DoD Works to Save Lives on Battlefield, Improve Talent Pool
By Rudi Williams
American Forces Press Service
WASHINGTON, March 29, 2006 The Defense Department is working on ways to use technology to save lives on the battlefield, and has created a full scholarship program to increase its talent pool of scientists, engineers and mathematicians, a top official said here recently.
During DoD's Women's History Month observance at the Women in Military Service for America Memorial here earlier this month, Sue C. Payton, DoD's deputy undersecretary for advanced systems and concepts, spoke of technologies provided by "the best and brightest female scientists and engineers in DoD and the world." She noted that "dozens of exceptional women scientists and engineers" attended the observance.
She told of unmanned aerial vehicles flying into dangerous territory to obtain imagery of factories and garages where terrorists were making bombs, and about unmanned aerial vehicles firing weapons at vehicles containing terrorists fleeing attack sites. "With tiny sensors and tiny batteries, unmanned aerial vehicles are now able to hover for 25 minutes above a building and look for snipers that are attacking our coalition forces," Payton said.
Technology is allowing troops to analyze terrorist documents found in Iraq and Afghanistan, Payton said. "We're looking at terrorists' communications, computer files and all kinds of documents," she said. "We're able to translate truck loads of documents so we can determine where the terrorists have been, where they're going next, connect the dots and arrest the bomb makers."
Integrated biometric technology is helping connect the dots with fingerprints, iris scans, facial recognition and DNA analysis. "We could use information systems to pull together the forensics to track, locate and target terrorists," Payton said.
"Today, there are over 1,000 makers of bombs and IEDs in jail because of the technologies that females in this room are bringing to bear in DoD for our warfighters," she said.
Payton said DoD is developing a pathogen-detection system that could detect widespread epidemics and pandemics long before they endanger large populations. Work is also under way on a medical surveillance system using a diagnostic "zebra" computer chip that can test for engineered diseases before outbreaks are detected. "We'll be able to rapidly warn health care centers about man-made outbreaks," she said.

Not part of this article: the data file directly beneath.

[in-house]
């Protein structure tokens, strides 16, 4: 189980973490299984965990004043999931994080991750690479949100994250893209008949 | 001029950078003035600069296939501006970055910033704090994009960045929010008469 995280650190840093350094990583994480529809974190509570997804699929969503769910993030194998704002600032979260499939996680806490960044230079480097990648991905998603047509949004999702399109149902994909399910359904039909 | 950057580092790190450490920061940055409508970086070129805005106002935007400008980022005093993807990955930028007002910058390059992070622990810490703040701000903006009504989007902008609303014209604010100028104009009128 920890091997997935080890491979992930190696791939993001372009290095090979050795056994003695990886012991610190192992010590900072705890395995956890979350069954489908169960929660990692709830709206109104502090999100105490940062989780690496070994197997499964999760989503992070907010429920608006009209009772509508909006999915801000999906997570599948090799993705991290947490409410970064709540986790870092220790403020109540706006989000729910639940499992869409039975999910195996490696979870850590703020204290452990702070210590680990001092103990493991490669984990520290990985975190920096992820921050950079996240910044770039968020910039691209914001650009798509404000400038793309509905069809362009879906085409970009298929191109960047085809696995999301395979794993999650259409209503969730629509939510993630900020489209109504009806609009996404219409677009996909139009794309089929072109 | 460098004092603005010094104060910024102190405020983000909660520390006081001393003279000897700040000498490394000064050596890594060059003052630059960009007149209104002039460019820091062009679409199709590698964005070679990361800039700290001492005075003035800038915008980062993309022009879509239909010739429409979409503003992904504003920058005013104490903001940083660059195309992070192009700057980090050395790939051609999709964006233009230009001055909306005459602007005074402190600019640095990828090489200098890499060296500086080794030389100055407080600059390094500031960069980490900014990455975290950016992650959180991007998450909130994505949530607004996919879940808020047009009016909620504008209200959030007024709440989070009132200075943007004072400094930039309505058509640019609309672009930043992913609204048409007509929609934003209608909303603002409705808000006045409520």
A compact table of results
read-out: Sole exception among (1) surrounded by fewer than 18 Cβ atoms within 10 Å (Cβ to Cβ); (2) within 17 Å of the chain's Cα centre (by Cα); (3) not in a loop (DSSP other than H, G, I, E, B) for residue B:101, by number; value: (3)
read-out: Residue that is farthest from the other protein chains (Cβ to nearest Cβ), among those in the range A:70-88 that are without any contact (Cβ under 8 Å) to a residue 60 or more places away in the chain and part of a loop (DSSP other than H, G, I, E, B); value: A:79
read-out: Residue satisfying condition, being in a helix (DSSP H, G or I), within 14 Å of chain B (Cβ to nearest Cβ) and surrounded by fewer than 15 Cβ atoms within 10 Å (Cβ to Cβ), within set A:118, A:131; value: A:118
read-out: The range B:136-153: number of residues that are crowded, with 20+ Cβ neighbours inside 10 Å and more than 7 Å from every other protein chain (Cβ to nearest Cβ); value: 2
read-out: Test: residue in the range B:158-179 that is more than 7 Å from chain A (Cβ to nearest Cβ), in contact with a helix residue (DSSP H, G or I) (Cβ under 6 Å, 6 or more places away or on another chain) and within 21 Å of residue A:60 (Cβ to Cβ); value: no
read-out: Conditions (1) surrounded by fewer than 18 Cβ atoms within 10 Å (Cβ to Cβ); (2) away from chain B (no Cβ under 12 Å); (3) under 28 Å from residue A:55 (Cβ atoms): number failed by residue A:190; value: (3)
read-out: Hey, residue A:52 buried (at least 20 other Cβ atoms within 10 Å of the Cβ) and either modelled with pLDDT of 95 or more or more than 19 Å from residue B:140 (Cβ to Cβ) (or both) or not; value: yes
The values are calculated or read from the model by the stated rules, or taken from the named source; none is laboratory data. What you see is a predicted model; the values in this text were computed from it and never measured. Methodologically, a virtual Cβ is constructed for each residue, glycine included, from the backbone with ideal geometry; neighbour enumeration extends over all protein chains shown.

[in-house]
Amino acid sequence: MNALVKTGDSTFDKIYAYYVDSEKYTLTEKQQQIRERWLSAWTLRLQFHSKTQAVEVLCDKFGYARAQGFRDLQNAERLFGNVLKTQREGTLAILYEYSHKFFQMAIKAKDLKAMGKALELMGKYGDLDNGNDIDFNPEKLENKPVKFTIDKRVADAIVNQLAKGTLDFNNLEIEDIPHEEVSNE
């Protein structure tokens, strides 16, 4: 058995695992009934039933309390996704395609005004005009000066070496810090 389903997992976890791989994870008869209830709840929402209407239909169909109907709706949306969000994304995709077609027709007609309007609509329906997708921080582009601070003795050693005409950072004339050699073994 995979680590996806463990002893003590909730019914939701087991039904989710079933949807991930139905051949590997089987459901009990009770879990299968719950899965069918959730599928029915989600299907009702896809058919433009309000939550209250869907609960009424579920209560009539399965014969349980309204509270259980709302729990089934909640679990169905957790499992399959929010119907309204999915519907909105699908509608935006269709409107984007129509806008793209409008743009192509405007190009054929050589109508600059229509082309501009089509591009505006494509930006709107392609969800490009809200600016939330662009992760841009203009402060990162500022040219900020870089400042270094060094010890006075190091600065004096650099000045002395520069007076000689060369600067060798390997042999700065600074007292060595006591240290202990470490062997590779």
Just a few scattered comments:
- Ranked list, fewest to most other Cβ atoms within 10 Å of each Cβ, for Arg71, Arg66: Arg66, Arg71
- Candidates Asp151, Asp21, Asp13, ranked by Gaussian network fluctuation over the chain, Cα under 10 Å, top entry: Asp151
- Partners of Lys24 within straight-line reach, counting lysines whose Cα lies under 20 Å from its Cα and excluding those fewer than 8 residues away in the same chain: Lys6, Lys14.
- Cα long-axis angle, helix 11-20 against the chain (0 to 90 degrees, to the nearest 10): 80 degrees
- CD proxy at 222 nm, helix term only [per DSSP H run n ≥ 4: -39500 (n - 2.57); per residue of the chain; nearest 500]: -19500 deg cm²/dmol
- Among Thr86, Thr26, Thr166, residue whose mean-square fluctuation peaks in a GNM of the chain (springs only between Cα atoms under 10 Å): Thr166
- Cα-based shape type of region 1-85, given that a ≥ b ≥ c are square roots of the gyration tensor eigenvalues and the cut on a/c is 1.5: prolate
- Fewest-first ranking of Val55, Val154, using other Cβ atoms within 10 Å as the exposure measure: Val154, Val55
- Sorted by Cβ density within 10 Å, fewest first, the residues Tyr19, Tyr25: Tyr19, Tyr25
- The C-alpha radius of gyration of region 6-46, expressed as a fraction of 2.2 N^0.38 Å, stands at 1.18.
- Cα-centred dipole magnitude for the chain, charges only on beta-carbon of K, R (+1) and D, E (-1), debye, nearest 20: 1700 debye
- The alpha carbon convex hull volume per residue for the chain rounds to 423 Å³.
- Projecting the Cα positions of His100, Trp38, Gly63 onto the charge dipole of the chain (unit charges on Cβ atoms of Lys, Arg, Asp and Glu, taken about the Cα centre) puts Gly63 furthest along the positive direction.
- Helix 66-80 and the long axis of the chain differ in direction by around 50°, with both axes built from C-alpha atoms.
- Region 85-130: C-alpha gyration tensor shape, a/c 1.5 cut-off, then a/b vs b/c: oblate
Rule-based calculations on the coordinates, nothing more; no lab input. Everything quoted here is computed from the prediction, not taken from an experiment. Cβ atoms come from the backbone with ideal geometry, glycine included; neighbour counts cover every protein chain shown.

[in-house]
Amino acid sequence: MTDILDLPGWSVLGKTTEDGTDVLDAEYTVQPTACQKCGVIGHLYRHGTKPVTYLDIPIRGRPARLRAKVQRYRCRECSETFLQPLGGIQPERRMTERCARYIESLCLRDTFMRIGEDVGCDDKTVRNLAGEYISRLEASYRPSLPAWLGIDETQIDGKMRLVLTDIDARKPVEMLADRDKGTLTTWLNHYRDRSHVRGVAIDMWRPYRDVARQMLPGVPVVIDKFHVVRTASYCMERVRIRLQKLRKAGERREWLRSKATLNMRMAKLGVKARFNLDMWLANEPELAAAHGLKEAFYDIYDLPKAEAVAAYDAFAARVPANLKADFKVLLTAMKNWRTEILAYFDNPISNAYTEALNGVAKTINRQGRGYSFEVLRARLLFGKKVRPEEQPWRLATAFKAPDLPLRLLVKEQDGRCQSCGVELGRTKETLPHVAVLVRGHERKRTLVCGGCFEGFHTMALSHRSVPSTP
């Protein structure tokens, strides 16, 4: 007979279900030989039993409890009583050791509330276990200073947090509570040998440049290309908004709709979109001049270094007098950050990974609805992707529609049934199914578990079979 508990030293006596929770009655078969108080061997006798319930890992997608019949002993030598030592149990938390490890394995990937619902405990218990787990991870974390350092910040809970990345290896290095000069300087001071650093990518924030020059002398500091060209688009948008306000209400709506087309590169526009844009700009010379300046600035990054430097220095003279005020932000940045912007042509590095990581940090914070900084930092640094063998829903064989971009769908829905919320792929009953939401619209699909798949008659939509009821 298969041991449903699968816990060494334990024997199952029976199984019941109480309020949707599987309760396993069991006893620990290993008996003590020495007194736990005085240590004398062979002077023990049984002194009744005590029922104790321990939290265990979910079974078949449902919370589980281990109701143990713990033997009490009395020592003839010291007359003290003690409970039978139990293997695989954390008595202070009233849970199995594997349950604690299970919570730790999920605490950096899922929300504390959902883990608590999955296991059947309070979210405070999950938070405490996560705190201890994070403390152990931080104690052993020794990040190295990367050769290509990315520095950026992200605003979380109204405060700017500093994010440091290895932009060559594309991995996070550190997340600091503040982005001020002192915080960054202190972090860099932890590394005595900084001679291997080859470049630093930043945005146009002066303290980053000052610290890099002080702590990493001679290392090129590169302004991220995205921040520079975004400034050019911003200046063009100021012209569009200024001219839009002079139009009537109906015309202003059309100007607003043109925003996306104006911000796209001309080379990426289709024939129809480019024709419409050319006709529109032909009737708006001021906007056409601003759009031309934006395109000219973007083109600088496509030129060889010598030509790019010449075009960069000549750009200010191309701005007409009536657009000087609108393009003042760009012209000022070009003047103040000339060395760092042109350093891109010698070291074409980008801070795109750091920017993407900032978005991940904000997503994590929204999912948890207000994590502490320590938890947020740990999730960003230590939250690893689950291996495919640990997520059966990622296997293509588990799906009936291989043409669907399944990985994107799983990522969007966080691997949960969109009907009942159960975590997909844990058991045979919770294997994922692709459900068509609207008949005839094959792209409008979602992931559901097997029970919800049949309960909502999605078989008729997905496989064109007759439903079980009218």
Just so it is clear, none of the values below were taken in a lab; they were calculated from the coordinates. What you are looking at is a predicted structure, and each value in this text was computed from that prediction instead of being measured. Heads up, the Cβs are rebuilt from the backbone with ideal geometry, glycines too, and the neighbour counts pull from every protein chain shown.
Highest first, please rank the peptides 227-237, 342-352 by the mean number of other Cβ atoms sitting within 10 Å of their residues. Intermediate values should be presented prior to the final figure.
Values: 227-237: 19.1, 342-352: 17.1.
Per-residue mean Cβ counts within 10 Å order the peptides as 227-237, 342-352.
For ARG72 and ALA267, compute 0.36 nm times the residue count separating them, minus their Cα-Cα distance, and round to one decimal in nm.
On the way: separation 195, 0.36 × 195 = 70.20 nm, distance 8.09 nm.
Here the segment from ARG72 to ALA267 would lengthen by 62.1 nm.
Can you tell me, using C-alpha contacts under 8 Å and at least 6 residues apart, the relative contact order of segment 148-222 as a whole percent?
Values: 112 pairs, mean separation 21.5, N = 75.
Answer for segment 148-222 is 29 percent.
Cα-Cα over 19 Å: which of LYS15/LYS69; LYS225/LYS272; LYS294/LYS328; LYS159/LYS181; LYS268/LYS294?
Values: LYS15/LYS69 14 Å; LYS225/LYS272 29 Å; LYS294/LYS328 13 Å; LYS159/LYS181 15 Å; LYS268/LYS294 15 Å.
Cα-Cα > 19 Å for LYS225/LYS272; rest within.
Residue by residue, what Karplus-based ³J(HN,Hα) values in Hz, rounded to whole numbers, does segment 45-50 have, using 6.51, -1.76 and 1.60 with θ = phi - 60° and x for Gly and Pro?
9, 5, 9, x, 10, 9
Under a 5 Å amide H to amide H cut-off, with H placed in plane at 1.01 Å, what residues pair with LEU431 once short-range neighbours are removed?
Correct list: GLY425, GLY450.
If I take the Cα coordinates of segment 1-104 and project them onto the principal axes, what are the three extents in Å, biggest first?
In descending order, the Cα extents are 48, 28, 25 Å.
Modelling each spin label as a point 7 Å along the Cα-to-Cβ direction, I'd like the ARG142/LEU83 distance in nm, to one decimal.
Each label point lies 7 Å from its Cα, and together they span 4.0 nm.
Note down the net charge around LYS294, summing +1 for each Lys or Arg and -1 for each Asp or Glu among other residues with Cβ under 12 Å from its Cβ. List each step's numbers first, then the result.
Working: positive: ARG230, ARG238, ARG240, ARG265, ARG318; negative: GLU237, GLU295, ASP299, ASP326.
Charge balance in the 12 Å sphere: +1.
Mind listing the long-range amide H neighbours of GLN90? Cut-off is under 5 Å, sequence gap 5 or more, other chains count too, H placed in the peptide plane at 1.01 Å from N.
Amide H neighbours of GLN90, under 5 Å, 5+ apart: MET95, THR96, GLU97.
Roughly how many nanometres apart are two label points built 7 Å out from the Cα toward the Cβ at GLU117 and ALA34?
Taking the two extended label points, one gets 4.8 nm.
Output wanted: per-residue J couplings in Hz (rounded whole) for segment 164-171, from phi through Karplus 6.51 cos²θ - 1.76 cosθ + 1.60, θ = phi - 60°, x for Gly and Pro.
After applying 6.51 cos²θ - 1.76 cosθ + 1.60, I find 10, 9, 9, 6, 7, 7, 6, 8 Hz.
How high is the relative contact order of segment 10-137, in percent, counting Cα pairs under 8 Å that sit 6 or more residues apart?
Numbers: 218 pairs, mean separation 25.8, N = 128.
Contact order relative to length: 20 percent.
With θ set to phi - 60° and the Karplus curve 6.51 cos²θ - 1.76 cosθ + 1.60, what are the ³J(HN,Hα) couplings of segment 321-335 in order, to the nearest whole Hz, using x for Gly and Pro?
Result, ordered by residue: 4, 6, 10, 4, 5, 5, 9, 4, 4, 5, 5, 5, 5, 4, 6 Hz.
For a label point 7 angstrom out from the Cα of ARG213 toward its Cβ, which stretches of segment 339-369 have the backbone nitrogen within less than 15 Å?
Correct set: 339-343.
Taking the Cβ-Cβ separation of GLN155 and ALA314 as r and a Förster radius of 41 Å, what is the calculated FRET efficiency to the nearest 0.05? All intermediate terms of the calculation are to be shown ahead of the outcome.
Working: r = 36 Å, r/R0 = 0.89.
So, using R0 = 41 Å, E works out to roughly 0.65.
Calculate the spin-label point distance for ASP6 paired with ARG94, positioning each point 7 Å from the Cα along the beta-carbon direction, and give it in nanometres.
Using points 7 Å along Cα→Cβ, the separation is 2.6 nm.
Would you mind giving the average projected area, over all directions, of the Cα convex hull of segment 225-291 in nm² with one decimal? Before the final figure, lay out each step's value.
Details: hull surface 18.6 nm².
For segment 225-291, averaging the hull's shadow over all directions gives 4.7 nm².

"In a few years we'll be able to detect over 500,000 pathogens with one computer zebra chip," Payton said. "We'll be able to look for smallpox, anthrax, plague, Ebola, West Nile virus, SARS (severe acute respiratory syndrome), bird flu and anthrax."
Payton said the more than 300 middle and high school students from throughout the country attending the observance represent "faces of the future."
"If you're a teenager now, in 30 or 40 years think of the opportunities you'll have to contribute to the freedom of the world," she said.
"The Greatest Generation -- my parents' generation -- defended the gift of freedom, and my generation is defending the gift for you," she said. "And I ask you, 'How will you defend the gift of freedom for those following you?'"
Payton told the students that continuing education in science, technology, engineering and math would keep doors open for possibilities.
She also spoke of the shrinking pool of American scientists and engineers. Payton pointed out that more than half of science and engineering graduates from American universities are foreign nationals. "Fewer American students are entering science and technology fields than ever before," she said. "Our nation is at risk strategically and economically. Educationally, the world is passing us up."
For example, she said, China, Japan and Korea added more than 360,000 new graduates in engineering in 2000 while the U.S. graduated less than 60,000. In the same year, China graduated more than 4,500 individuals with doctorates in engineering, while the U.S. graduated less than 2,200.
To make matters worse, she said, the American science and engineering work force is aging. "More than 50 percent of our (people with doctoral degrees) are over 50 years old and will be retiring soon," she said.
The crisis prompted DoD to fund an integrated effort to deepen its talent pool in science, technology, engineering and math -- or STEM -- fields. The goal is to improve STEM understanding and teacher ability and to stimulate youth for STEM studies and careers.
DoD's effort to build its talent pool includes investing in youth through the National Defense Education Program, which focuses on seven critical skills with a total of $155 million for 2006 to 2011. The money is earmarked for full scholarships in such subjects as physical sciences, physics, chemistry, applied mathematics, biology, hardware and software design, engineering, and languages.
"Your generation will take us places where exerting ourselves with bombs may never have to be an option," Payton told the students. "New technologies will help us understand cultures, and to communicate in many languages with automatic translation, and stabilize nations before they become petri dishes for terrorists."
Payton asked them to make a difference for their future and their country's future. "Because," she said, "America will need you to 'operationalize' future innovation, to be skilled and relentless in overcoming enormous technical challenges, to marshal resources, to build teams of experts with selfless dedication."
Payton encouraged the students to work toward gaining technical knowledge and passion for providing the nation's warfighters and defenders of freedom more options for peace.